Cotton Gin Port, Mississippi

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Cotton Gin Port Site
Cotton Gin Port, Mississippi is located in Mississippi
Cotton Gin Port, Mississippi
Cotton Gin Port, Mississippi is located in the United States
Cotton Gin Port, Mississippi
Nearest cityAmory, Mississippi
Area100 acres (40 ha)
NRHP reference #72000700[1]
Added to NRHPOctober 18, 1972

Cotton Gin Port is a ghost town in Monroe County, Mississippi, United States.


Cotton Gin Port was located at 33°58′15″N 88°32′35″W / 33.97083°N 88.54306°W / 33.97083; -88.54306 on the east bank of the Tombigbee river.


Cotton Gin Port was the first town in north Mississippi, although initially it was part of Marion County in the Alabama Territory.[2] The new demarcation lines of 1820-21 put it in Mississippi. The site was located on the east bank of the Tombigbee River at a crossing of vital Indian trails. It was a base of expeditions of Jean-Baptiste Le Moyne de Bienville in 1736 and Vaudreuil in 1752. The Kansas City, Memphis & Birmingham Railroad caused extinction as the townfolk moved to the new town of Amory.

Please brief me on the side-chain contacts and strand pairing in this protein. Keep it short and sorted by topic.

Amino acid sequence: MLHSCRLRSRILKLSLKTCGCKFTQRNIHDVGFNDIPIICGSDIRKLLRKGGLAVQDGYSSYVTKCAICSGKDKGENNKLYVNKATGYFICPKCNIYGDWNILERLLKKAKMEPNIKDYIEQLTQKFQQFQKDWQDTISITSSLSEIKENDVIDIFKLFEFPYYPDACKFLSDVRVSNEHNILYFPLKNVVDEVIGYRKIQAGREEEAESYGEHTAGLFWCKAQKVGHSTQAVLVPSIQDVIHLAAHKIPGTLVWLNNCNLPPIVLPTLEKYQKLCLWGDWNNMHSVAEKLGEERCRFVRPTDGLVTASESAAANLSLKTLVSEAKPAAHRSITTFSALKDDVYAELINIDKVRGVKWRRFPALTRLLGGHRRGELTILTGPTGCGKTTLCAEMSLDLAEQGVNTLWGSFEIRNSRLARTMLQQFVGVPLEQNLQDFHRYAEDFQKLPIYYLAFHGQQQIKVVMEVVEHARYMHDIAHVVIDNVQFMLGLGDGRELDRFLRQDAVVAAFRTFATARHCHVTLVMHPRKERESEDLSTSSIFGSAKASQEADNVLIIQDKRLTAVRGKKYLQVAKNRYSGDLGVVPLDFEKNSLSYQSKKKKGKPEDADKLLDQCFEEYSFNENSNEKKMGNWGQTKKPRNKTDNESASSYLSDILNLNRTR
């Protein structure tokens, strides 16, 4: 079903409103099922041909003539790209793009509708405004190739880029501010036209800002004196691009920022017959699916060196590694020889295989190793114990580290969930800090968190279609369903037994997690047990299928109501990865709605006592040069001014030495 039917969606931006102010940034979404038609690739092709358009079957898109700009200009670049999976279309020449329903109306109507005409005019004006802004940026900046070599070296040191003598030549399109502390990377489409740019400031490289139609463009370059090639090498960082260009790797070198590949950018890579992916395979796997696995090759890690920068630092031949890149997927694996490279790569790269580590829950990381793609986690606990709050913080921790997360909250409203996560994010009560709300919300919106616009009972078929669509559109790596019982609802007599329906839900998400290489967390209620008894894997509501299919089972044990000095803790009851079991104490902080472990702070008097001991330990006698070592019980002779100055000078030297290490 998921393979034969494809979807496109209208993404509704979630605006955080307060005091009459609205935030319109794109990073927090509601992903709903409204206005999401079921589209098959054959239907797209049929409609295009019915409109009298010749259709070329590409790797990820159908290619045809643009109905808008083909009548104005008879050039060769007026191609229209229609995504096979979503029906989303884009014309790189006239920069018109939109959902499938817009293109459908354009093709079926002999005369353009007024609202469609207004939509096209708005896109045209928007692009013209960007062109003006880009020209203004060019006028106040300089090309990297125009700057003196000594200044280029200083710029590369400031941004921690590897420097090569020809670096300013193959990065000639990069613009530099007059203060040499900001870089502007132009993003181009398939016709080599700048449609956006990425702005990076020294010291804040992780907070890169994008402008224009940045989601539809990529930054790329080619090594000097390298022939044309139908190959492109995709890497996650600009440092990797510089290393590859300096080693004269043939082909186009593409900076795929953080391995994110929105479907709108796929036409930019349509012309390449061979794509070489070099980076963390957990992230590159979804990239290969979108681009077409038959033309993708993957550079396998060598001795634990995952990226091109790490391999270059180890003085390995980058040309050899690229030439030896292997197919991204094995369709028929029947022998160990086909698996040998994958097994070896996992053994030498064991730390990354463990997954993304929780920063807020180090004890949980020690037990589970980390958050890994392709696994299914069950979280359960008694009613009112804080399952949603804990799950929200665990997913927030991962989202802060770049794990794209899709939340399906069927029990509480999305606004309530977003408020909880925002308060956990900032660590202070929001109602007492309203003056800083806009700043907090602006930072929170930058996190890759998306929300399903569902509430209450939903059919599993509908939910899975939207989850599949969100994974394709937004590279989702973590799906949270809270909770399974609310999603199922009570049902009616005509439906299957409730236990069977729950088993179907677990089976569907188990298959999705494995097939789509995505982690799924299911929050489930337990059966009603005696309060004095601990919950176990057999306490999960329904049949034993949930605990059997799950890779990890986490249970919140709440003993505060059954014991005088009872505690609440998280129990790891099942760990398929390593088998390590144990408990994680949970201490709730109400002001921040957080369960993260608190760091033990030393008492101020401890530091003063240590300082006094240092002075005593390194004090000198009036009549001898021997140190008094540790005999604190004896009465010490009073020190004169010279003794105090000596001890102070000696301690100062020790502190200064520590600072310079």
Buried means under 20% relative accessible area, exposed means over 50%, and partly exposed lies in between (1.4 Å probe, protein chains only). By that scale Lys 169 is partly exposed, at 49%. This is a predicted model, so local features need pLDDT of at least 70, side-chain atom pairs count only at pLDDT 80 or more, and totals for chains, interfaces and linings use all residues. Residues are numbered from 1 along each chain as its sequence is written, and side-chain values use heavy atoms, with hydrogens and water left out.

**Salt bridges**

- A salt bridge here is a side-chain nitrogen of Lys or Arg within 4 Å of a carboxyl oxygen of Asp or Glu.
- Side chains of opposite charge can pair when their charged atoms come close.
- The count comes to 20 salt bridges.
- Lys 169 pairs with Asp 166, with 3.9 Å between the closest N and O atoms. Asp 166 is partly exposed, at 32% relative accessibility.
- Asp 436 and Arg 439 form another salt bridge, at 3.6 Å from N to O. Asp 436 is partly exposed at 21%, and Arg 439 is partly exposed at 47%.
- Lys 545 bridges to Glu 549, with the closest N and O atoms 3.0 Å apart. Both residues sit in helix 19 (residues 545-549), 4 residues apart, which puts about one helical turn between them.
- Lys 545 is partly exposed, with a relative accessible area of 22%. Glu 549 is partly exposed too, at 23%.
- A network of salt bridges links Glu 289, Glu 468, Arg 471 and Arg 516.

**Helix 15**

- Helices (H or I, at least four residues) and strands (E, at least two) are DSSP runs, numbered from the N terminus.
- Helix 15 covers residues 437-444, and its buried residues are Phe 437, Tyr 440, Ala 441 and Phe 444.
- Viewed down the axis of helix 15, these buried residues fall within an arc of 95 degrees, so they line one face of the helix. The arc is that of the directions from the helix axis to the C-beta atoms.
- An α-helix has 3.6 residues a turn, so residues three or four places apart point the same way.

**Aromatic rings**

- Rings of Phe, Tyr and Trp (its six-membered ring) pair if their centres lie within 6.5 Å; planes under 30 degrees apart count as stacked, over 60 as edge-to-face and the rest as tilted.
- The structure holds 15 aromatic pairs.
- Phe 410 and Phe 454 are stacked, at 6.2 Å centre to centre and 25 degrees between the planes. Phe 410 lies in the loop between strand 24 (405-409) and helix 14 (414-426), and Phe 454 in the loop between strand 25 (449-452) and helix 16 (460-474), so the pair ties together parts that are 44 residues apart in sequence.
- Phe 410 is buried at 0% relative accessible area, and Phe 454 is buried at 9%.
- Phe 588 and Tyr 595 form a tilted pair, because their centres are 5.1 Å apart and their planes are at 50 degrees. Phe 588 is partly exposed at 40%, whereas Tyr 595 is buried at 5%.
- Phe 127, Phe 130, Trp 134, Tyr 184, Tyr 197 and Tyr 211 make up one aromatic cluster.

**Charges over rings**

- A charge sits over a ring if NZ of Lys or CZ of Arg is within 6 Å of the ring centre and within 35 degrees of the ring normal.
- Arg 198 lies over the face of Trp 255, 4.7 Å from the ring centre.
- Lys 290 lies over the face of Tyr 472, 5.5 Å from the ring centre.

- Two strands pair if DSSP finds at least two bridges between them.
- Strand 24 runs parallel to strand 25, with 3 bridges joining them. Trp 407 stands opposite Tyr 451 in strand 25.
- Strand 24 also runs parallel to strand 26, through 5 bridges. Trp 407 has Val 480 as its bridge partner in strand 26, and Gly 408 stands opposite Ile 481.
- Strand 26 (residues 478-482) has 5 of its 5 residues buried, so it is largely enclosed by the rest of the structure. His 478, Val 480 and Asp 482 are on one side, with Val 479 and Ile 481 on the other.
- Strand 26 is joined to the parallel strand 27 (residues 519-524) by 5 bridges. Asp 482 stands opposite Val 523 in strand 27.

The early U.S. government built a cotton gin in 1801 at Cotton Gin Port as part of a "plan of civilization" for the local Chickasaw Indians, and soon became recognized as a Chickasaw Indian trading post. A road, Gaines Trace, was built to the town in 1811 and 1812. This road ran from close to Muscle Shoals on the Tennessee River to Cotton Gin Port, where it crossed the Tombigbee; it then proceeded south to Fort Stoddert.

The ruins of the old town can still be found between the Tenn-Tom Waterway and the Tombigbee River, and relics from the old settlement can be seen at the Amory Municipal Museum. Chief Levi Colbert is said to have lived on the bluff west of Cotton Gin Port, near the old cotton gin where there was a large spreading oak known as the council tree.[3]


  1. ^ National Park Service (2009-03-13). "National Register Information System". National Register of Historic Places. National Park Service.
  2. ^ John M. Allman III (ed.), An Abbreviated History of Marion County, Alabama Archived 2014-04-07 at the Wayback Machine - The Marion County Historical & Genealogical Societies, Alabama Tracks vol. XI #4 1992.
  3. ^ Dr. W.A. Evans, Aberdeen Examiner July 2, 1936 (Taken from The Heritage of Lamar County, Alabama, by John Mitchell Allman III).
  • Elliott, Jack D. and Wells, Mary Ann. (2003). Cotton Gin Port : a frontier settlement on the Upper Tombigbee. Jackson, Mississippi: Quail Ridge Press for the Mississippi Historical Society. ISBN 0-938896-88-1

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